Presenting us with the hottest in new music from around the globe, Pete Tong showered us in delicacies last night during his weekly BBC Radio 1 dance music marathon. Kicking the show off with the world premiere of Kaskade’s autonomously sung and produced new single “Atmosphere,” moving on into Sander van Doorn’s electrifying “Neon,” and the bouncy, big room Hardwell remix of Krewella’s “Alive,” followed by other progressive anthems.
Pete’s coveted “Essential New Tune” went to none other than ex-SHM member Axwell for the remode his new single “Centre of The Universe,” replacing Francesco Rossi’s enigmatic tune “Paper Aeroplane” from last week. Daft Punk continued the discussion with Tong in Part 2 of their Coachella interview while immersing in new tracks off RAM “Giorgio By Moroder,” “Loose Yourself to Dance” and “Instant Crush.”
London-based techno producer Scuba ran through his picks for week’s “Goodie Goodies” including Locked Groove’s “Do It Anyway” and favorite tune of the year Dusky’s “Vanishing Point,” while house legend Kerri Chandler was knighted into Tong’s “Hall of Fame” while explaining the compelling story behind “Bar A Thym.” Tong pins Blond:ish as his future star, ending of with a hot mix from Israeli tech-house sensation Guy Gerber.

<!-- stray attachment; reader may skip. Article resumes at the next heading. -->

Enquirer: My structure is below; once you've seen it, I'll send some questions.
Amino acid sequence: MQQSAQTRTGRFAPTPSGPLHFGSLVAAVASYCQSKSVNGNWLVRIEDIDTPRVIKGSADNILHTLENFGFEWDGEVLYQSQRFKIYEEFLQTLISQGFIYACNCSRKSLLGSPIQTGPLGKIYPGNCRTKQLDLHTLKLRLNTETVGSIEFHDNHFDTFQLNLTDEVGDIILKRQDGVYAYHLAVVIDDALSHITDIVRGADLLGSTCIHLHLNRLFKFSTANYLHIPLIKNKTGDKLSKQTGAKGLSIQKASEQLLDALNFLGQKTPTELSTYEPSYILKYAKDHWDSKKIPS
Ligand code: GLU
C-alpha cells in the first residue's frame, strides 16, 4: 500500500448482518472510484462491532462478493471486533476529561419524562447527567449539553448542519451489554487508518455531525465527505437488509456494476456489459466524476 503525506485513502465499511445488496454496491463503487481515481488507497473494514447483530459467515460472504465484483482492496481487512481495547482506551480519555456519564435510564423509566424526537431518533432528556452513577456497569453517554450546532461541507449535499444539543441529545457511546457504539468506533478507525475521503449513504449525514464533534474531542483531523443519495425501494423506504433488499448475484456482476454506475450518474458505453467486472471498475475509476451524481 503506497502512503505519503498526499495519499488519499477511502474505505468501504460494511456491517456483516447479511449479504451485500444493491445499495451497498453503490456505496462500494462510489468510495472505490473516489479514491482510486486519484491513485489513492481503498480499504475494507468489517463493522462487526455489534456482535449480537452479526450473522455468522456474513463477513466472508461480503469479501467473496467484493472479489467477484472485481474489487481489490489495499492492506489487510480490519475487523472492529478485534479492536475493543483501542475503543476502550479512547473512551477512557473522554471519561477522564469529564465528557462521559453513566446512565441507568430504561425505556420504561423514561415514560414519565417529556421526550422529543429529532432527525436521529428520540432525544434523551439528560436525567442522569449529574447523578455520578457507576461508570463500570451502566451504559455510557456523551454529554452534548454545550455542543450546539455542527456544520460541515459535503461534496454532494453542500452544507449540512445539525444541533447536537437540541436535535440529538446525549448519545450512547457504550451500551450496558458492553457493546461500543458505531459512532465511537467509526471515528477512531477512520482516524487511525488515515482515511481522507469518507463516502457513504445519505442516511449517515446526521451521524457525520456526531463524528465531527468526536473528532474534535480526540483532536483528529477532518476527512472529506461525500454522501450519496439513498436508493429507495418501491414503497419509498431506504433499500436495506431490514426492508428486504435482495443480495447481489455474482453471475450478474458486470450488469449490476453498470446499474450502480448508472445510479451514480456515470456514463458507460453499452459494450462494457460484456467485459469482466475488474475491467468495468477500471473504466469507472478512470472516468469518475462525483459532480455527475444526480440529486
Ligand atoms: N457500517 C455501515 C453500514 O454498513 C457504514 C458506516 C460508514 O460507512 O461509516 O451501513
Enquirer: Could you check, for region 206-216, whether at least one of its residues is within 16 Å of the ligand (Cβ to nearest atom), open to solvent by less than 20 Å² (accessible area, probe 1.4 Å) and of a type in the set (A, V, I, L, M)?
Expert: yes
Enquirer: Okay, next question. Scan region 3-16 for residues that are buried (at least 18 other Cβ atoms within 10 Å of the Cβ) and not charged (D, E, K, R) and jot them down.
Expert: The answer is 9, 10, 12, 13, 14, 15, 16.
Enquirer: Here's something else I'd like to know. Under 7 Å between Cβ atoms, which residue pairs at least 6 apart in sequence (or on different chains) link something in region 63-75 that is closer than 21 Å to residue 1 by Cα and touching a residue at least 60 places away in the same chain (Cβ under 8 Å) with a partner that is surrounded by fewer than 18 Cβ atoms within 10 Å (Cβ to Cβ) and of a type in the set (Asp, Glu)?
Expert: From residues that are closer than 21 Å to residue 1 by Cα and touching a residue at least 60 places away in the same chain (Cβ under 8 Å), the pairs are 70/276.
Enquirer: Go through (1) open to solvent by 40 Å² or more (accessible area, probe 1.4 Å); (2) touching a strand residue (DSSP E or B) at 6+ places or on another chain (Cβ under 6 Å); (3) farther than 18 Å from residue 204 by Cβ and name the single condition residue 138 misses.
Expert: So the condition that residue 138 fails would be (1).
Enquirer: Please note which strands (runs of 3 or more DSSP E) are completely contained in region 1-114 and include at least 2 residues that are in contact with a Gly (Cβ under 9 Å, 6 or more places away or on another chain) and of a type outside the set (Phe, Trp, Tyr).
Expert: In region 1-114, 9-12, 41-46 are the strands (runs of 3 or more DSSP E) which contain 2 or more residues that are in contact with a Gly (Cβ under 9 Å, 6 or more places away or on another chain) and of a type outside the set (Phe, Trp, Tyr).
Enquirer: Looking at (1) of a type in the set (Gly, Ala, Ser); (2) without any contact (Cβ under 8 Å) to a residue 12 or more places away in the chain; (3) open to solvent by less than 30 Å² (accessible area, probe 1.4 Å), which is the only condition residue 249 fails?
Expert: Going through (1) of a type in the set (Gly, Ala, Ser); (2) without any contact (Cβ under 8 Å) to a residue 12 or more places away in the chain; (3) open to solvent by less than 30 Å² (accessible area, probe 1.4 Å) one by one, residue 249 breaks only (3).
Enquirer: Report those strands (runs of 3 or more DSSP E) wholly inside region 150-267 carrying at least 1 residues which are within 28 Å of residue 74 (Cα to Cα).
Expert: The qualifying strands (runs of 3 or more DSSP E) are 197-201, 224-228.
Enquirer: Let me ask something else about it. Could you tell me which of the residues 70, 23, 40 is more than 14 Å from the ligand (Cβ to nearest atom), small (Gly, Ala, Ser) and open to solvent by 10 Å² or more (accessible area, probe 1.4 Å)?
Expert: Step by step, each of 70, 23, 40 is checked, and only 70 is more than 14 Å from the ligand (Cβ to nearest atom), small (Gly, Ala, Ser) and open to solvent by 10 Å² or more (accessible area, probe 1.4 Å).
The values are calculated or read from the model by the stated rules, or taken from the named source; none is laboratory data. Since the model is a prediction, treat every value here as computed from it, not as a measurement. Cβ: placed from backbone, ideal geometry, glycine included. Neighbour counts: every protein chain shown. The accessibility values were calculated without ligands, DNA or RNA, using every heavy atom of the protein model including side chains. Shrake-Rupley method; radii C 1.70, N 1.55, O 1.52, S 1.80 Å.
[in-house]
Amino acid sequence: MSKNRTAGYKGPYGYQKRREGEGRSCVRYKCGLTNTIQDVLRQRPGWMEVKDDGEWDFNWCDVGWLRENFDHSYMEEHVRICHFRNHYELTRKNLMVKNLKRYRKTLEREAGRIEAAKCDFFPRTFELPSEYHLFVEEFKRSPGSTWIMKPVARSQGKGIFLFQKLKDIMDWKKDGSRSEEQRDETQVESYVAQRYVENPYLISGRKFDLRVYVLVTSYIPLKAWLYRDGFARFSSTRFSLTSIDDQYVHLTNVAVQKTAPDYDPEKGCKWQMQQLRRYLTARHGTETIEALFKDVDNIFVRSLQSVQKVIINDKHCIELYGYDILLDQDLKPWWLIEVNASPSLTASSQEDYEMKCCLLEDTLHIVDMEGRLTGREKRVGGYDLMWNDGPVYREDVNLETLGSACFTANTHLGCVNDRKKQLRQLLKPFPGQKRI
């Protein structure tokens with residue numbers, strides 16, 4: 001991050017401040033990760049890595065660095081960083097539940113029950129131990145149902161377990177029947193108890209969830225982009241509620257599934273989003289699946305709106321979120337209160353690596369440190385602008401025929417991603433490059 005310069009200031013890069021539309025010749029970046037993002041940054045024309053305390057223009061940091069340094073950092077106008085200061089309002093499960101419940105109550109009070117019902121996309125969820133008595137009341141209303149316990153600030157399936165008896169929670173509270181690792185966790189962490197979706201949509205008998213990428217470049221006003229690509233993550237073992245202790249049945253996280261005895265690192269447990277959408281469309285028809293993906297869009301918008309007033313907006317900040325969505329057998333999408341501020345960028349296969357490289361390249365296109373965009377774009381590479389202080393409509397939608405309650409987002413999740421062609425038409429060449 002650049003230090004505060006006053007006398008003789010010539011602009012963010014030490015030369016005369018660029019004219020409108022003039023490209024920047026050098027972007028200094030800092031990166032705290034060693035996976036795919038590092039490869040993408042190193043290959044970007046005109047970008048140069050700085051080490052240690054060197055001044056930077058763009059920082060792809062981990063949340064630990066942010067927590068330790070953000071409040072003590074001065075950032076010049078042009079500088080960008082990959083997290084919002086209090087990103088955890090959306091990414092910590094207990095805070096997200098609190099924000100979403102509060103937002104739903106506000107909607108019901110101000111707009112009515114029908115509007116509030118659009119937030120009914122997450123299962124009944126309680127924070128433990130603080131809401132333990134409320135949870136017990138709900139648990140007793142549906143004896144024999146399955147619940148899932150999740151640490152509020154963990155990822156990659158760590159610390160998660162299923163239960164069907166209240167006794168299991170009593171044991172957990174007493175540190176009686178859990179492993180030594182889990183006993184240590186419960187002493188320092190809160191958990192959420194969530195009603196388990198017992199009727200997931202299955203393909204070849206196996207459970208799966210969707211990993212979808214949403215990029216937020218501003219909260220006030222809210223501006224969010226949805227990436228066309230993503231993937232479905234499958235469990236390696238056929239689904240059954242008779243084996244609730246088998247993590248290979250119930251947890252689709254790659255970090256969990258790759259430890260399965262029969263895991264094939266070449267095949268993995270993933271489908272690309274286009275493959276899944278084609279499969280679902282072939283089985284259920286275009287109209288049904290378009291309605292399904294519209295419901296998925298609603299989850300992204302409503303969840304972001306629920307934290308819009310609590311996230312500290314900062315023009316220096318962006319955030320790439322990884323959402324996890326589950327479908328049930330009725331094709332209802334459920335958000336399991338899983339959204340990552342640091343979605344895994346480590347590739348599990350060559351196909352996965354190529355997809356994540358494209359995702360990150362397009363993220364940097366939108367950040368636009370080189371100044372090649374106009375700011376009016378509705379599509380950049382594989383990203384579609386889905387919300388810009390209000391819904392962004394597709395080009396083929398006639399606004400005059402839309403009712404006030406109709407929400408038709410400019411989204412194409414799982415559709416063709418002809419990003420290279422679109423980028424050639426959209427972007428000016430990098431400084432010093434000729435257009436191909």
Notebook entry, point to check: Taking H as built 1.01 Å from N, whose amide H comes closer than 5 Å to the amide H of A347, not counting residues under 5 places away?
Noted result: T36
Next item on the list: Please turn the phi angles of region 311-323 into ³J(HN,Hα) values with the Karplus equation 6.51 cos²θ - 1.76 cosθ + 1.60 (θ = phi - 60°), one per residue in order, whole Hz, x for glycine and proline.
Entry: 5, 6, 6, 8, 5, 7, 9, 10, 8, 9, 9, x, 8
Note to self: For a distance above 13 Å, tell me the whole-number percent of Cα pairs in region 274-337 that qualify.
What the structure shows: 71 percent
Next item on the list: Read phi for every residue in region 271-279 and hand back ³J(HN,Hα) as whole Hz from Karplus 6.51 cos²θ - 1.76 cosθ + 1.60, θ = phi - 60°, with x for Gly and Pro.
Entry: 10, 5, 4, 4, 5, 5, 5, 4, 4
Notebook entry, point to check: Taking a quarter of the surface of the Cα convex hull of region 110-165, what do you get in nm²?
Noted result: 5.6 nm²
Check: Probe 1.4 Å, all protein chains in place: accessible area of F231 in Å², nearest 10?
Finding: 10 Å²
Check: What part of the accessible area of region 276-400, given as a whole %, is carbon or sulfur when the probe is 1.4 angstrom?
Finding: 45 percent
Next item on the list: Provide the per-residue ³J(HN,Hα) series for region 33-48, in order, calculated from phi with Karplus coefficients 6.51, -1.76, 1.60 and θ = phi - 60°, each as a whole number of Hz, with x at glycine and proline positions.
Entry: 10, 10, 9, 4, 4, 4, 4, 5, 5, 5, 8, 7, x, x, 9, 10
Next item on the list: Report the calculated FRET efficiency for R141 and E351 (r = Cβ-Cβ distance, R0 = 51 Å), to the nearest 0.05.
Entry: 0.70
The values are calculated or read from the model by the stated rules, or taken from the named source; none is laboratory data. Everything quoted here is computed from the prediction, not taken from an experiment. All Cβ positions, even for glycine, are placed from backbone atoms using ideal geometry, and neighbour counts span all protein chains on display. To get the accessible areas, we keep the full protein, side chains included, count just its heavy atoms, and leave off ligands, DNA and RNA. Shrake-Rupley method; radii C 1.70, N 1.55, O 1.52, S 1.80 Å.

The release of Daft Punk‘s latest album has been hailed by some as the savior of dance music, while others remain unimpressed by the album’s staunch departure from the Daft Punk of yore. It has sparked heated debate amongst our staff since the iTunes stream and we’ve all given it a few days to sink in, to really listen to the album before writing our reactions. Will Daft Punk save dance music like so many have preached in the weeks leading up to its release? Or will the album fall victim to the 24-hour music news cycle and fade away into obscurity like so many other great pieces of electronic music that demand more than just a casual listen?
This morning’s mix is a celebration, once again, of the French sound. This is a very special remastered live set from two and a half hours of a set shared by Cassius, Thomas Bangalter, and DJ Falcon at the Amsterdam Dance Event in 2002. This set is really as diverse as it gets — they touch on everything from Prince to the most classic house with Steve Silk Hurley to Mystikal, Busta Rhymes, and Nelly. It’s all wrapped together with a pristine and propelling early aughts French house touch. Whether or not you’re feeling Random Access Memories right now, this is something all dance lovers will be able to agree upon.
It started with 15 second clips. From a shortened radio edit of “Get Lucky” to listening party phone recordings, we remained unsatisfied and impatient. After rubbernecking at every “leak” like it was a Final Destination collision, Daft Punk fanatics (like myself) can finally rest those stiff shoulders and enjoy the sensual massage of Random Access Memories. Ahead of iTunes’ pre-order free stream, savvy computer jocks have ripped the individual symphonies and publicized the 192 kbps arrangement.
In just over a week the most anticipated electronic album of all time will finally be unleashed onto the world. The hype machine will come to a halt and all of us can enjoy listening to Daft Punk’s latest album, Random Access Memories, instead of just blabbering incessantly about it. In their latest marketing move, the duo have released a short clip unboxing the vinyl edition of RAM, teasing “Give Life Back To Music” and leaving all of us wanting more.